How our friendly bacteria effects our health
An increasing body of evidence is showing us that a suboptimal culture of bacteria in our gut effects our gut as well as general health. Over growth of “bad” pro-inflammatory bacteria leads to premature ageing and is the cornerstone to many symptoms and diseases.
This should not really be a surprise as there are trillions of commensal bacteria in our gut as well as lungs, skin, genital tracks. In fact, it has been estimated that there is more genetic material from these foreign organism that than in our own cells. We are not talking about bacteria which cause food poisoning (pathogenic bacteria) which causes acute illness but bacteria which normally colonise the gut since birth.
The consequences of poor gut health
Excess chronic inflammation of the gut wall caused by too many pro-inflammatory (bad ) bacteria over time will thin and damage the integrity of the gut wall. The same problem occurs in people intolerant to foods such as gluten, lactose and lectin, because they have increased concentration of a gut protein called zonulin, which also signals the junctions to open up.
The adjacent picture shows that, in this situation, the increased, poorly functioning gaps between cells allow partially digested food and other harmful organisms to penetrate the tissue beneath it. This reduced integrity has been nick named leaky gut syndrome. This weakened barrier not only allows toxins, including carcinogens, into the bloodstream it causes vitamins, minerals, polyphenols and proteins to leak into the gut depriving the body of these essential nutrients. In the long term, levels of vitamin A, vitamin D and zinc are particularly affected, which are important elements in antioxidant and immune efficiency.
Gut symptoms and diseases:
Some people live with poor gut health for years without noticing although may have to take more medication such as antacids, anti-spasmodics and laxatives. Many suffer from:
- Bloating and colicky pains,
- Unsatisfactory bowel movements,
- Excess offensive wind,
- Constipation, diarrhoea and indigestion.
Poor microbiota reduces butyrate levels, which means less fuel for new cell growth. Consequently, the dead cells that are being naturally sloughed off cannot be replaced quickly enough, leading to a thinning of the gut wall. In severe cases, this can lead to ulcers, and if an ulcer is further irritated by acid in the stomach and duodenum, it can erode an artery, causing bleeding.
While more research is needed, the evidence so far strongly suggests that a diverse bacterial microbiome can protect us from cancer by outcompeting (displacing) cancer-causing pathogens and reducing inflammation. The immune responses to gut bacteria can also help stimulate immune responses against cancer as well. There is a rapidly growing body of evidence from Laboratory and clinical studies revealing a fascinating role for gut bacteria in relation to cancer treatments. Scientists have recently discovered that particular species of gut bacteria increase the therapeutic benefit of chemotherapy and the new targeted biological therapies for melanoma and other cancers. These findings suggest that individual differences in microbiome composition may be one of the reasons these immunotherapies work better for some people than others.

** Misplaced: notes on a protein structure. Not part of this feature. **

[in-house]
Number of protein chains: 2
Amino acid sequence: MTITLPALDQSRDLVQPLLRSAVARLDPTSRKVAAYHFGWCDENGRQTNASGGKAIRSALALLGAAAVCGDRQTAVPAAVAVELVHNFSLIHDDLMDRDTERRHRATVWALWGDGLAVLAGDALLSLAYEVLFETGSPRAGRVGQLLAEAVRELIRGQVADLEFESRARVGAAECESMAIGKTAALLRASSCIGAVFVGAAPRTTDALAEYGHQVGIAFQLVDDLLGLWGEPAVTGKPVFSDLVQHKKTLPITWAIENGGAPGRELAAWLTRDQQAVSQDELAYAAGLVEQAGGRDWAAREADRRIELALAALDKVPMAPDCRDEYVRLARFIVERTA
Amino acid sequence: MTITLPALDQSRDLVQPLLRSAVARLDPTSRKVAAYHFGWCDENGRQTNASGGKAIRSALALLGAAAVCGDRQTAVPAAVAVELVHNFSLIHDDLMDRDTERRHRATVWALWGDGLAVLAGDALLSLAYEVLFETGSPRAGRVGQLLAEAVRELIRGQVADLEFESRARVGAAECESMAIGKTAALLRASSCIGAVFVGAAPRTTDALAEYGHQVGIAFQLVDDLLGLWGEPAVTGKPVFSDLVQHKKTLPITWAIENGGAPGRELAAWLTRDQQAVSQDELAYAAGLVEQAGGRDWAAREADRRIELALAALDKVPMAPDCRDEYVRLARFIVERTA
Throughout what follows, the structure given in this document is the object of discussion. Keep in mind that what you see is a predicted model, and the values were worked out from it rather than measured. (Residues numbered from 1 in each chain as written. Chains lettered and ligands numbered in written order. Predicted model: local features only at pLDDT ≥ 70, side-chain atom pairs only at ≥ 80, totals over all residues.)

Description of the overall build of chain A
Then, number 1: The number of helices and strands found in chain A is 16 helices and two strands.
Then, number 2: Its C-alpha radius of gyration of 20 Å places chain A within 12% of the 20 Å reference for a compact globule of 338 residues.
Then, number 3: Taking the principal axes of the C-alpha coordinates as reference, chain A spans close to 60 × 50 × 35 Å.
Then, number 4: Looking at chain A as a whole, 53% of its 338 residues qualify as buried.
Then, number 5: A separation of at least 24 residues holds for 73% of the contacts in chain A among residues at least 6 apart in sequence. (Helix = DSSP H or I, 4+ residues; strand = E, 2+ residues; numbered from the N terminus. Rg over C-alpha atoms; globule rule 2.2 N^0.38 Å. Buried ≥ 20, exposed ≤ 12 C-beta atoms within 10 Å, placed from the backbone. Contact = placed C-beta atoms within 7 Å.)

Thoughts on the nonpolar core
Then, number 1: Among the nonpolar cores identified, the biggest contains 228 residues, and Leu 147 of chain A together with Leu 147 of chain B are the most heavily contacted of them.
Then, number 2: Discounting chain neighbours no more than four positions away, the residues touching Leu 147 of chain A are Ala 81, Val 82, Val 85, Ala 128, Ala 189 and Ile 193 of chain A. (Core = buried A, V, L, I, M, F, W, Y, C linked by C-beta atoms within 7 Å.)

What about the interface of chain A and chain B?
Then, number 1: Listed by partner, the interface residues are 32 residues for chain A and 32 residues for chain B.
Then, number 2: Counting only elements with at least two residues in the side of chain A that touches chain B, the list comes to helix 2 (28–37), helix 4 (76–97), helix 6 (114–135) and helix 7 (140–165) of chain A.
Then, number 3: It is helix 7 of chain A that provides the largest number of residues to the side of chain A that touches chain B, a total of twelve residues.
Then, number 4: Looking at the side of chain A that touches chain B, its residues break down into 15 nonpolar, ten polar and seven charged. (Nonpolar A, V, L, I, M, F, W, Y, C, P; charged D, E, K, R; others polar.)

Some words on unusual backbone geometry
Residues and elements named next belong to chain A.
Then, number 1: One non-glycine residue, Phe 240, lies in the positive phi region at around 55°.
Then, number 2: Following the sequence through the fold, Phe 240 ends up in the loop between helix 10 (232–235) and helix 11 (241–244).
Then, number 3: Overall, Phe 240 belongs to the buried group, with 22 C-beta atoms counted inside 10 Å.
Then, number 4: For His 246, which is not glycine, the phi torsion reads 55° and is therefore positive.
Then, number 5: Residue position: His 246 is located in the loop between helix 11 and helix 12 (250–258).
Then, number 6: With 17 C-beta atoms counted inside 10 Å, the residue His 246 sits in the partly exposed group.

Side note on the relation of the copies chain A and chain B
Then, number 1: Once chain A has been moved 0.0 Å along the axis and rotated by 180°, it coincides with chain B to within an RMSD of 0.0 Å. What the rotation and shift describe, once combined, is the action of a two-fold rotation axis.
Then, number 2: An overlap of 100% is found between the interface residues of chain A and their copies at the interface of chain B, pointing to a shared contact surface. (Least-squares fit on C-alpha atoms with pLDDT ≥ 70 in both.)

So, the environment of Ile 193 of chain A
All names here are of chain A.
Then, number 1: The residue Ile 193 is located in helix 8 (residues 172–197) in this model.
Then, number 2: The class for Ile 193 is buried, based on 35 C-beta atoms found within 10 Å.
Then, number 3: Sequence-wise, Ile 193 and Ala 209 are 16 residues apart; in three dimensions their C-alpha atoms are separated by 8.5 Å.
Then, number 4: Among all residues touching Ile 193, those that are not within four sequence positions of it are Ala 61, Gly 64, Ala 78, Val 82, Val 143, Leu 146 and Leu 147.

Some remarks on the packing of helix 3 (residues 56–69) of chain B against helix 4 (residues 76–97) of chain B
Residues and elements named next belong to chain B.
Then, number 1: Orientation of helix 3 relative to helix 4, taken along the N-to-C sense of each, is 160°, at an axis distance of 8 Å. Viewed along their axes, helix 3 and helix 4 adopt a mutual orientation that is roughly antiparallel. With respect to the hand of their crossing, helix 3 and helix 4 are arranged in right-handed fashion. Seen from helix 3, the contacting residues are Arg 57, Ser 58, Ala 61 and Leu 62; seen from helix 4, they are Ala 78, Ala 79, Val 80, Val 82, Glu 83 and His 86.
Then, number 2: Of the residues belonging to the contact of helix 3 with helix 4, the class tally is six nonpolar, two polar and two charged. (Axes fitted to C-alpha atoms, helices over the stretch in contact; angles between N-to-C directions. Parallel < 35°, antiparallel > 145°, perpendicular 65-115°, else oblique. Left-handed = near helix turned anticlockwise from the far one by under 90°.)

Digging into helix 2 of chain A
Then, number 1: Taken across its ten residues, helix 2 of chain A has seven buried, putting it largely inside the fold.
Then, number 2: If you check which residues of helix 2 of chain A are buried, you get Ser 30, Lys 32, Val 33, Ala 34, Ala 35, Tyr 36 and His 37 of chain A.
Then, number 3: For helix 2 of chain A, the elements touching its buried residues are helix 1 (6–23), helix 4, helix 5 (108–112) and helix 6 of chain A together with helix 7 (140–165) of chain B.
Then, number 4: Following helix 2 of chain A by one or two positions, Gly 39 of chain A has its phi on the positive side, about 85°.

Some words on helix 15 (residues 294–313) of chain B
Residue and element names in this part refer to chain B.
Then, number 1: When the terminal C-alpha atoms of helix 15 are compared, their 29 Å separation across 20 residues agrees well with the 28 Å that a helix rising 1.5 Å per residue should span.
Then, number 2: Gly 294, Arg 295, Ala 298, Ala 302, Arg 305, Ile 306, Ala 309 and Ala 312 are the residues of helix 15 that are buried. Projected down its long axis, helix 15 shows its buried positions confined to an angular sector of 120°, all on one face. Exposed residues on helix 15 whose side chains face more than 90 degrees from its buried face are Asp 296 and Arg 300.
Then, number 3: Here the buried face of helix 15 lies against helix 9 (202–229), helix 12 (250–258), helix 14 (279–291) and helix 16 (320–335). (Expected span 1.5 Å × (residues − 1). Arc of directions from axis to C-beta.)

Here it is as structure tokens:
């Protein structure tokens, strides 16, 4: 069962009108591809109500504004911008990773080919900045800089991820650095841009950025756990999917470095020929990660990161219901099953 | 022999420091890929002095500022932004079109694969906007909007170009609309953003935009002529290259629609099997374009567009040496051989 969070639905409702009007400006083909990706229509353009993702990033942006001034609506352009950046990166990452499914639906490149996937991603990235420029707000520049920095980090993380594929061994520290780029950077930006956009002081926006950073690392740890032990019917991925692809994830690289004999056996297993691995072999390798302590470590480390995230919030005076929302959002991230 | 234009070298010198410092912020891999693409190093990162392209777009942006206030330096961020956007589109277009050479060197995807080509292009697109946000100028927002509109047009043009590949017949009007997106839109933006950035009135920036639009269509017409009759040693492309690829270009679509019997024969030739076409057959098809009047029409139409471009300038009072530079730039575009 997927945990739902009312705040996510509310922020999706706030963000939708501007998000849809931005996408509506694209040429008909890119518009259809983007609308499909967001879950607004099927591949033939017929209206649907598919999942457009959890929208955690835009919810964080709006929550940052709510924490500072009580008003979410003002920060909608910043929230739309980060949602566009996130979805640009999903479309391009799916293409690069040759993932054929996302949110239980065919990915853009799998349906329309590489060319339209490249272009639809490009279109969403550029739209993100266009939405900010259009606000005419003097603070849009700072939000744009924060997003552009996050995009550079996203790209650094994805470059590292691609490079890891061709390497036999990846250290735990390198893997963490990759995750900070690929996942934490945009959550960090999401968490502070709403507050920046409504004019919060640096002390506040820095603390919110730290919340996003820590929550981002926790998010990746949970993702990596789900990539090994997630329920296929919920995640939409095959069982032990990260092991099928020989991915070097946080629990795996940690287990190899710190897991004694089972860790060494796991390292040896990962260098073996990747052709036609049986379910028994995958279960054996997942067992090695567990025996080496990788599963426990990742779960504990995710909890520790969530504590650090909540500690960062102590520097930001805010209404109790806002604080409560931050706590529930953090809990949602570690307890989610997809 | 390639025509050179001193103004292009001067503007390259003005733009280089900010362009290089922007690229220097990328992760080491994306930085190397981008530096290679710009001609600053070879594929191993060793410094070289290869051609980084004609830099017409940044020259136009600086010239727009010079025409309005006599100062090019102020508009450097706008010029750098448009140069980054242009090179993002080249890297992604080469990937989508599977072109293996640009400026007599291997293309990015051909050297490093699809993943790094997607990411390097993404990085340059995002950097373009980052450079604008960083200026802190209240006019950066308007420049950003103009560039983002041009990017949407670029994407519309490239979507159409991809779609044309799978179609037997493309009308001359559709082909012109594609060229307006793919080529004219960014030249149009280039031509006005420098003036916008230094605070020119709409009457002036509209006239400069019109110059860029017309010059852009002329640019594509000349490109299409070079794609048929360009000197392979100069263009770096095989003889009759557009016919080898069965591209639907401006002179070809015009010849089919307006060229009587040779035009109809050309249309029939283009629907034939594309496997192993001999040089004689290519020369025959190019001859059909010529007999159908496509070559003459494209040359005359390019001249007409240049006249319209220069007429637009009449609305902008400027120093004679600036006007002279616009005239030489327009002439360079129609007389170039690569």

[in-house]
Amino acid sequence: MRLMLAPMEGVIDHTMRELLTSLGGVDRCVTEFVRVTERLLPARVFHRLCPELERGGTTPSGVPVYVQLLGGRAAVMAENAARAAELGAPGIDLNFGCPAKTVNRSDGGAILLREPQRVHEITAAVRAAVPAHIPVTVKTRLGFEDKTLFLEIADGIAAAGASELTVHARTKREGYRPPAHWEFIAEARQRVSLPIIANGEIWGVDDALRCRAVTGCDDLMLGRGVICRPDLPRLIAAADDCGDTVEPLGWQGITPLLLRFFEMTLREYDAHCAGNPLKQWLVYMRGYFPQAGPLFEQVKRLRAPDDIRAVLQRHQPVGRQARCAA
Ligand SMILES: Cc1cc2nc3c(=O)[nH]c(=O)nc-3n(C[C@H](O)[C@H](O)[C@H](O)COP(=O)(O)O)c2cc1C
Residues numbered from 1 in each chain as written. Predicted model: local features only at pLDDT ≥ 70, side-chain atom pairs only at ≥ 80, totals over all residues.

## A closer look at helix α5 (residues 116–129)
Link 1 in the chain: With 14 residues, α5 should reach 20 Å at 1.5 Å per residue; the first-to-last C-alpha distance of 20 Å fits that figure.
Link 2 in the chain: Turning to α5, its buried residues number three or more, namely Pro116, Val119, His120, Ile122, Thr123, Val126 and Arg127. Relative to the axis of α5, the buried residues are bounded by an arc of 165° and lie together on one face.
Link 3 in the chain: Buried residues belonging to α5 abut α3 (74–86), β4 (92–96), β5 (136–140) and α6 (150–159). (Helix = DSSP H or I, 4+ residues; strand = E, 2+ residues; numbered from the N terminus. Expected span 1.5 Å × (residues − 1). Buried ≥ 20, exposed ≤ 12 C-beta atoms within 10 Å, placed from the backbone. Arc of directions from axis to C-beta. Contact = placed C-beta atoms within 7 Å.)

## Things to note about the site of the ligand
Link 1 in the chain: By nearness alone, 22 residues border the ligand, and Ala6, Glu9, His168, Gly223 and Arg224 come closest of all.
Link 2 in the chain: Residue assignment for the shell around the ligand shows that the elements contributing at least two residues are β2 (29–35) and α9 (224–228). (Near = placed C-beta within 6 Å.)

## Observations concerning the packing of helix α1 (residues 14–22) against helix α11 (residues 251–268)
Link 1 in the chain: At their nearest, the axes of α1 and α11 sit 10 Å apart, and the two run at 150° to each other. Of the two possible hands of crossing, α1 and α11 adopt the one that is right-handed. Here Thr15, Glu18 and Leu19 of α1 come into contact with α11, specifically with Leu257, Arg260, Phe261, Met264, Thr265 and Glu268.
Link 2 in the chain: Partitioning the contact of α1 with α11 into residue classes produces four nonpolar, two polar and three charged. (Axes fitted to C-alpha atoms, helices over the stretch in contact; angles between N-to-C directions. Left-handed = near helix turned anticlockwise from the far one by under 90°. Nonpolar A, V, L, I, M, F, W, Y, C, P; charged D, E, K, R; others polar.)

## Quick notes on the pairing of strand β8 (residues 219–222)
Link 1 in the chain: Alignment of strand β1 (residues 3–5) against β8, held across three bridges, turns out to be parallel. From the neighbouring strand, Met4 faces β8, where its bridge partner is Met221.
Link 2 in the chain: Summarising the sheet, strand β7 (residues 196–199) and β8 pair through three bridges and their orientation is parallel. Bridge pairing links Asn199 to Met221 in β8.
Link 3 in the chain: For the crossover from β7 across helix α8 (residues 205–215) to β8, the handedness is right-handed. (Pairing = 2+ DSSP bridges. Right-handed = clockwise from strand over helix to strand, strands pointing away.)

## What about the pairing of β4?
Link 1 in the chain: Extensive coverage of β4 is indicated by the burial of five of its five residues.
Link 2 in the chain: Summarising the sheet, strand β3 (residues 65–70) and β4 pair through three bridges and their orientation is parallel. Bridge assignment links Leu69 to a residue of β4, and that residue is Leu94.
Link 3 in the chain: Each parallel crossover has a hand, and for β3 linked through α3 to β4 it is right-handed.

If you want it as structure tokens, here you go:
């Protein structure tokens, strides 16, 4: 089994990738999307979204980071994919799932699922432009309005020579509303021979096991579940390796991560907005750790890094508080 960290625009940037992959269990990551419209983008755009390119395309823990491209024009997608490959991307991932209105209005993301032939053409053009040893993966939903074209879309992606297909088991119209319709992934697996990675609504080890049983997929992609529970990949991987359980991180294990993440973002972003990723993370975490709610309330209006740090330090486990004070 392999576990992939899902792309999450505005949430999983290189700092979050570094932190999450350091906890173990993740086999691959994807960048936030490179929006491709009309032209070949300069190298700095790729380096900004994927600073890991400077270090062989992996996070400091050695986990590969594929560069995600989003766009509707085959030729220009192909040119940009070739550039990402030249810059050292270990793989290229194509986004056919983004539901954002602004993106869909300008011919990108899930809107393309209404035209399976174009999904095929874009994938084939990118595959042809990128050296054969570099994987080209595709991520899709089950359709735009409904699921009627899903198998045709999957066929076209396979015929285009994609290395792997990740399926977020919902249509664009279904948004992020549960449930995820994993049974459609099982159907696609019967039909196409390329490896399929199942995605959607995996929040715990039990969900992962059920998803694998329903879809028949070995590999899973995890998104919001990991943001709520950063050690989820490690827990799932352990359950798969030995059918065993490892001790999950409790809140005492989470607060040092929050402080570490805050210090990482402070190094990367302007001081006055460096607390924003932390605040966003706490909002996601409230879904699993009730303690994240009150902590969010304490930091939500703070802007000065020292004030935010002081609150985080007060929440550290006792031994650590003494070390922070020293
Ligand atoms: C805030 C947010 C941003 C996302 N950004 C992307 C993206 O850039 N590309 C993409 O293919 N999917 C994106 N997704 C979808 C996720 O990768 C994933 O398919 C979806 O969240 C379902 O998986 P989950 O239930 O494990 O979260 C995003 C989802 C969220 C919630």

In summary, poor gut health, in clinical studies, is linked to increased risk of:
- Food poisoning including Helicobacteria
- Food intolerance and food allergies
- Stomach and duodenal ulcers
- Inflammatory bowel disease
- Bowel cancer
Symptoms and diseases outside the gut:
The toxins which leak into the body unchecked trigger an inflammatory reaction affecting the whole body, causing collateral damaging joint, bones, the heart and brain as well as individuals being more prone to immune related disorders and allergies. The paradox is that this heightened non-specific inflammatory state stressed the immune system makes it less efficient so individuals effected are more prone to auto-immune disease, infection from viruses and bacteria. In this state the levels of chemicals called inflammatory cytokines are sky high and it’s a strange quirk of nature that these cytokines also encourage cancers to form and grow faster.
A leaky poorly functioning gut, as well as cancer cause general distressing symptoms which have a significant impact on quality of life. The most well known systemic links to poor gut health include:
- Fatigue, low mood poor memory and cognition
- Reduced sports performance – read more
- Weight gain – read more
- More colds and flu
- Eczema and atopic skin conditions
- High cholesterol
- Heart disease
- Dementia and Parkinson’s disease
- Premature ageing